Crysis - Did you upgrade?

Written by Antony Leather

December 15, 2009 | 11:05

Tags: #8800gtx #crysis #dx10 #frame-rates #sli #warhead

Companies: #crytek

It came, it saw, it conquered - our PCs that is. It's rare that we've seen a game that was so demanding on its release. The question 'Yeah, but can it play Crysis?' is now a comical catchphrase addition to most graphics card reviews. It was responsible for tens of thousands of bank managers groaning under the huge wake of costly upgrades. Now the dust has all but settled, did Crytek's awesome DX10 FPS help or hinder the PC gaming industry?
Most of us had the same traumatic experience. We installed Crysis adjusted the graphics settings to something that resembled reasonable expectations, and saw our PCs grind to a halt. It was pretty depressing to see the GeForce 8800GT fall flat on its face when it played all other games so easily. Even the mighty 8800GTX couldn't handle the game at max settings and even struggled at 1,280 x 1,024.

I was prepared to throw some serious cash at my PC to enable it to play Crysis at max settings on my 20in monitor. Who wasn't? Like FarCry, Battlefield 2, and several games before it, I had a burning desire to upgrade to get some decent frame rates and luscious visuals.

But, no matter where I looked, graphics card reviews and forum threads all showed the same story. Crysis was an untameable beast with current hardware and even several 8800GTXs in SLI struggled in the early days of the technology with minimum frame rates regularly dipping to unsavoury figures.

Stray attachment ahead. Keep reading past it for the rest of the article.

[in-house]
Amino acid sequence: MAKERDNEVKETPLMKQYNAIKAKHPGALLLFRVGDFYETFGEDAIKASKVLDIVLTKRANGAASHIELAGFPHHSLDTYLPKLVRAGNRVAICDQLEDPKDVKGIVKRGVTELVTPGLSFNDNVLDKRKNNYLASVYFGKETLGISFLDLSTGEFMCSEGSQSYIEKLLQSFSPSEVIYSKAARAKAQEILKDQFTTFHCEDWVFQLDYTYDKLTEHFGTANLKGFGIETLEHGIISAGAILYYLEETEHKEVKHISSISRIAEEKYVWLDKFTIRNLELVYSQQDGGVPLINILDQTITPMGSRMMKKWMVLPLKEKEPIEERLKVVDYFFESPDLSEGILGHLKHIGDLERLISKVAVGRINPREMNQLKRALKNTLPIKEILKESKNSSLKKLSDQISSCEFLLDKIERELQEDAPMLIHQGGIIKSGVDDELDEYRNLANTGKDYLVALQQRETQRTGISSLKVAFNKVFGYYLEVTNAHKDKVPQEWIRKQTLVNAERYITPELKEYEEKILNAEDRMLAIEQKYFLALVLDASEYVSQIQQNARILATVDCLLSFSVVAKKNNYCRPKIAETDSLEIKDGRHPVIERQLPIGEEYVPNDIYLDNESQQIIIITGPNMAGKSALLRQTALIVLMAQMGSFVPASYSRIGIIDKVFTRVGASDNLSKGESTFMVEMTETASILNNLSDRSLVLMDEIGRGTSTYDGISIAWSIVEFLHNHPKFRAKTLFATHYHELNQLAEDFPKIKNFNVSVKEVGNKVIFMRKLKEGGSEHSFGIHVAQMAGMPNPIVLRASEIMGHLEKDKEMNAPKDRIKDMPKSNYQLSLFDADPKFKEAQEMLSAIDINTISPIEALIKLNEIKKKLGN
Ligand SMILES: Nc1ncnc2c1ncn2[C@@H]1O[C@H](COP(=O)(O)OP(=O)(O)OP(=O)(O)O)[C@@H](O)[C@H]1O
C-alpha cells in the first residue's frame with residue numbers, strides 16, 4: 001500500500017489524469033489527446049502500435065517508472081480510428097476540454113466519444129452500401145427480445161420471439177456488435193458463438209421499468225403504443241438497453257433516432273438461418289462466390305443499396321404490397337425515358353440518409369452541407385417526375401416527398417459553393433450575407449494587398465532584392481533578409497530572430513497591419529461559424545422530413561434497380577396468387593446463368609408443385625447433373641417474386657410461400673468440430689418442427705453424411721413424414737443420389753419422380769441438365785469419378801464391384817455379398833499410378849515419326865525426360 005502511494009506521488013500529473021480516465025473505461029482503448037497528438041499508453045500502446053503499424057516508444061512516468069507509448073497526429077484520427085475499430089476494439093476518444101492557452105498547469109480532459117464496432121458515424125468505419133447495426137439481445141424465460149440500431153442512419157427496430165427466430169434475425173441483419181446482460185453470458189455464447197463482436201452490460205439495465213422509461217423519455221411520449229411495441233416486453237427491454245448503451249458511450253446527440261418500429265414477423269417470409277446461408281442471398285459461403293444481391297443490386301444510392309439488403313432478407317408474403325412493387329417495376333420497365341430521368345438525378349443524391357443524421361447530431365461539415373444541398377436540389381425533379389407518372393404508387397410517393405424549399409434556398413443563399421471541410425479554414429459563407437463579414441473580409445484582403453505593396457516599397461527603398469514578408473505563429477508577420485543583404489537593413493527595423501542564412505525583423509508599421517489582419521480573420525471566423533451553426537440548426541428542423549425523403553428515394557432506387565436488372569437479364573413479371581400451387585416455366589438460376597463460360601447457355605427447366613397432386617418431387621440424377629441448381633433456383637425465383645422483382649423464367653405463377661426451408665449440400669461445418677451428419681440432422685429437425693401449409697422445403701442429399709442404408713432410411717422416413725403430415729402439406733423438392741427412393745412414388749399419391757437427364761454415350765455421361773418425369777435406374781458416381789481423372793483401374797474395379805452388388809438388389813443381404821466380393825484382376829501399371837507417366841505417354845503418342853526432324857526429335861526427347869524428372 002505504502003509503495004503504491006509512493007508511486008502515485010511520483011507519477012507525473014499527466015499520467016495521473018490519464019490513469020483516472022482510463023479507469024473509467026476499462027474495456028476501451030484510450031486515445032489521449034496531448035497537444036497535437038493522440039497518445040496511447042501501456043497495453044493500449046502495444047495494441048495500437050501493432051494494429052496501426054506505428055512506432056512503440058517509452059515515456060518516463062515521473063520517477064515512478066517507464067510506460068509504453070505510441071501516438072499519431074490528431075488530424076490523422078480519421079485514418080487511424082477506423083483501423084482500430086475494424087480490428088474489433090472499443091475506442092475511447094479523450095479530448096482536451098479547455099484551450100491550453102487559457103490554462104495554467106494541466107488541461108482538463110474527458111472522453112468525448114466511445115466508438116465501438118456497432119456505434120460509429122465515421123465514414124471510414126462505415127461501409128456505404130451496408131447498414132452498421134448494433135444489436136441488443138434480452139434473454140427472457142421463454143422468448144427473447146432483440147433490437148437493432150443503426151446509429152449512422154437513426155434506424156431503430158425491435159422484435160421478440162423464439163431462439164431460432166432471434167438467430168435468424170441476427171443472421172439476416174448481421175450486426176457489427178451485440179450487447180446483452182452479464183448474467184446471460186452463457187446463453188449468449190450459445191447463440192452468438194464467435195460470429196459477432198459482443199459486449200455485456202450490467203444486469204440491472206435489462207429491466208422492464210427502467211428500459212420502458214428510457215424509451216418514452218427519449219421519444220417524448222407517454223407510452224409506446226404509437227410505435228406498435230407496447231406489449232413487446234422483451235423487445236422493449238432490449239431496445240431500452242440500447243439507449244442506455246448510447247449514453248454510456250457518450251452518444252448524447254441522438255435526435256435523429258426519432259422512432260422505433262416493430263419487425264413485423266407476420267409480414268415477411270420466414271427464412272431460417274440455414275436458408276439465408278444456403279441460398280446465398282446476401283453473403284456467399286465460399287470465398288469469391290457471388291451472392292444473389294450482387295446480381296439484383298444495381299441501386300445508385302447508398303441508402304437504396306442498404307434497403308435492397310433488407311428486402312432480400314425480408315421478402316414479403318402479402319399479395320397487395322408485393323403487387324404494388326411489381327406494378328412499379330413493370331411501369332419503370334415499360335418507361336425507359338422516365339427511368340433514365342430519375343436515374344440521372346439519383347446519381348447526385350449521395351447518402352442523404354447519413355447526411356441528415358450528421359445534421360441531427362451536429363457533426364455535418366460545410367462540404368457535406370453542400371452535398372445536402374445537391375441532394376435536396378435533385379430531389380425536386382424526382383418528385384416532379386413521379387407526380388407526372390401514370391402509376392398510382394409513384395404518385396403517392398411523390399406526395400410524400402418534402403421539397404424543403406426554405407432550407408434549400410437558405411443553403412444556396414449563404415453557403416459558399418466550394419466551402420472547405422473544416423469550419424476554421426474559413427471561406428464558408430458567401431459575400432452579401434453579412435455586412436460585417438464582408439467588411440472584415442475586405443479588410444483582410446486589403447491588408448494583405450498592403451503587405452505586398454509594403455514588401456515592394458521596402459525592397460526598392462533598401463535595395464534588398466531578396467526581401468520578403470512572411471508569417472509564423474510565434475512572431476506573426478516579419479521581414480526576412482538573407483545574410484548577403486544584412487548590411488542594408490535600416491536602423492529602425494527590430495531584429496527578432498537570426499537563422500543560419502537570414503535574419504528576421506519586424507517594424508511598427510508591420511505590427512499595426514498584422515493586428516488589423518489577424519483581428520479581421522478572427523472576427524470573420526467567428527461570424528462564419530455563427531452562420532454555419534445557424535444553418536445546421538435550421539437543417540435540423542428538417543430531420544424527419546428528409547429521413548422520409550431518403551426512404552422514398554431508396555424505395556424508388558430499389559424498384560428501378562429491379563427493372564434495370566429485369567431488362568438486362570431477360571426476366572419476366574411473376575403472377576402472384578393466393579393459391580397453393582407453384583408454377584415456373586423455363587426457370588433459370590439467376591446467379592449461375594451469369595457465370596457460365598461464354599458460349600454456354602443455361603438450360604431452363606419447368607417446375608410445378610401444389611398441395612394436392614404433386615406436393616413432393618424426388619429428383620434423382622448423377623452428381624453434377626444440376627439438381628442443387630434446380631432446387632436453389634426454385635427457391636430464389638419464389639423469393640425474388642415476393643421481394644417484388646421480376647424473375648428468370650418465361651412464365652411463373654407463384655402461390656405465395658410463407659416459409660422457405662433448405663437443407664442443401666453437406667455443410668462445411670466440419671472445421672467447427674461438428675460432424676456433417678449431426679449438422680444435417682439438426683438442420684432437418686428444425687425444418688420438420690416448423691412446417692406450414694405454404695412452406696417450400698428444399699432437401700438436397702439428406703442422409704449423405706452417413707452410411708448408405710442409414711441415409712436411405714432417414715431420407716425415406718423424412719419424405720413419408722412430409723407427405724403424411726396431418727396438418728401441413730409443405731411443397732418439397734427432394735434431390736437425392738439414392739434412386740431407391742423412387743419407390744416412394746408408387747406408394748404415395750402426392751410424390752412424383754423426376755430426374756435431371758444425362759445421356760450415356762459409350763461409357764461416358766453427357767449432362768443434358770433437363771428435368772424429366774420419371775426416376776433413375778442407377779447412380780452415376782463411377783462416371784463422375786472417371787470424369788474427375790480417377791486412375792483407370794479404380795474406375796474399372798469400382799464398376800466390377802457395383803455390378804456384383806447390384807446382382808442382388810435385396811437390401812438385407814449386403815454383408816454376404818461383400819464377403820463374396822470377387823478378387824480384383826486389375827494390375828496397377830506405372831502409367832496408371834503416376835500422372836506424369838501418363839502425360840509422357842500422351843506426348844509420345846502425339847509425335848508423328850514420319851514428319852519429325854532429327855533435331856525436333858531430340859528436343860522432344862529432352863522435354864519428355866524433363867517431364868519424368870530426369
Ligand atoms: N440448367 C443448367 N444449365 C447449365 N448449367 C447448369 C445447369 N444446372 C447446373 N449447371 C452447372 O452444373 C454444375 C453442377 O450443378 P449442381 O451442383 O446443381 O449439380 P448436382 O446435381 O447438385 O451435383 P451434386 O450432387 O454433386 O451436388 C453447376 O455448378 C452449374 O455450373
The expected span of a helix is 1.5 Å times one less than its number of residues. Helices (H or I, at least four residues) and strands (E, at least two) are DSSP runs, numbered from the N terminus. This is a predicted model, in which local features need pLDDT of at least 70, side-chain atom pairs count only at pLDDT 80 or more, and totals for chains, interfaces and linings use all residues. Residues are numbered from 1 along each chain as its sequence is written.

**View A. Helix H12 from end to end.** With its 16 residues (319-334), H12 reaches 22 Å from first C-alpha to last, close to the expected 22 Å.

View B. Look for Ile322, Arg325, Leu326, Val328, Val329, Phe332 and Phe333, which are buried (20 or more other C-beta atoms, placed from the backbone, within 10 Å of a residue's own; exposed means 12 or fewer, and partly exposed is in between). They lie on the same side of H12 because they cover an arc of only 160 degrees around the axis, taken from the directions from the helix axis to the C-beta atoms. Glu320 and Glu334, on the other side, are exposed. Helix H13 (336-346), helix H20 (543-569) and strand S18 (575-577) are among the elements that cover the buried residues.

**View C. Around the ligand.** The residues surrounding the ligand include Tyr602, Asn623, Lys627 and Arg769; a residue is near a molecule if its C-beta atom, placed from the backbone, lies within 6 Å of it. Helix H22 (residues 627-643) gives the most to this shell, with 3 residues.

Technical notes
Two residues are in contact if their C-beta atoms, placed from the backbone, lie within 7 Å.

Crysis - Did you upgrade?

Which leads me to my question. Did Crysis give a much-needed lift to the upgrade scene which had stagnated due to lack of new games and the complete flop that was ATI’s 2900 series? Or did the game hinder upgrading, as its ludicrous demands forced people to bat for the other team, and spend their cash on consoles instead?

Doubtless, many would have seen it as an insurmountable obstacle. Indeed many an excuse I've heard from PC gamers who have defected to consoles was that they refused to spend hundreds of pounds upgrading their PCs to play one game. This is understandable; the lifespan of new hardware is never more than a couple of years at best and Crysis would have made upgrading seem even worse value.

Was Crysis a step to far? Do you expect to be able to play all new games at max settings on the latest hardware? If it could, would you spend any more on upgrading? Let us know in the comments.
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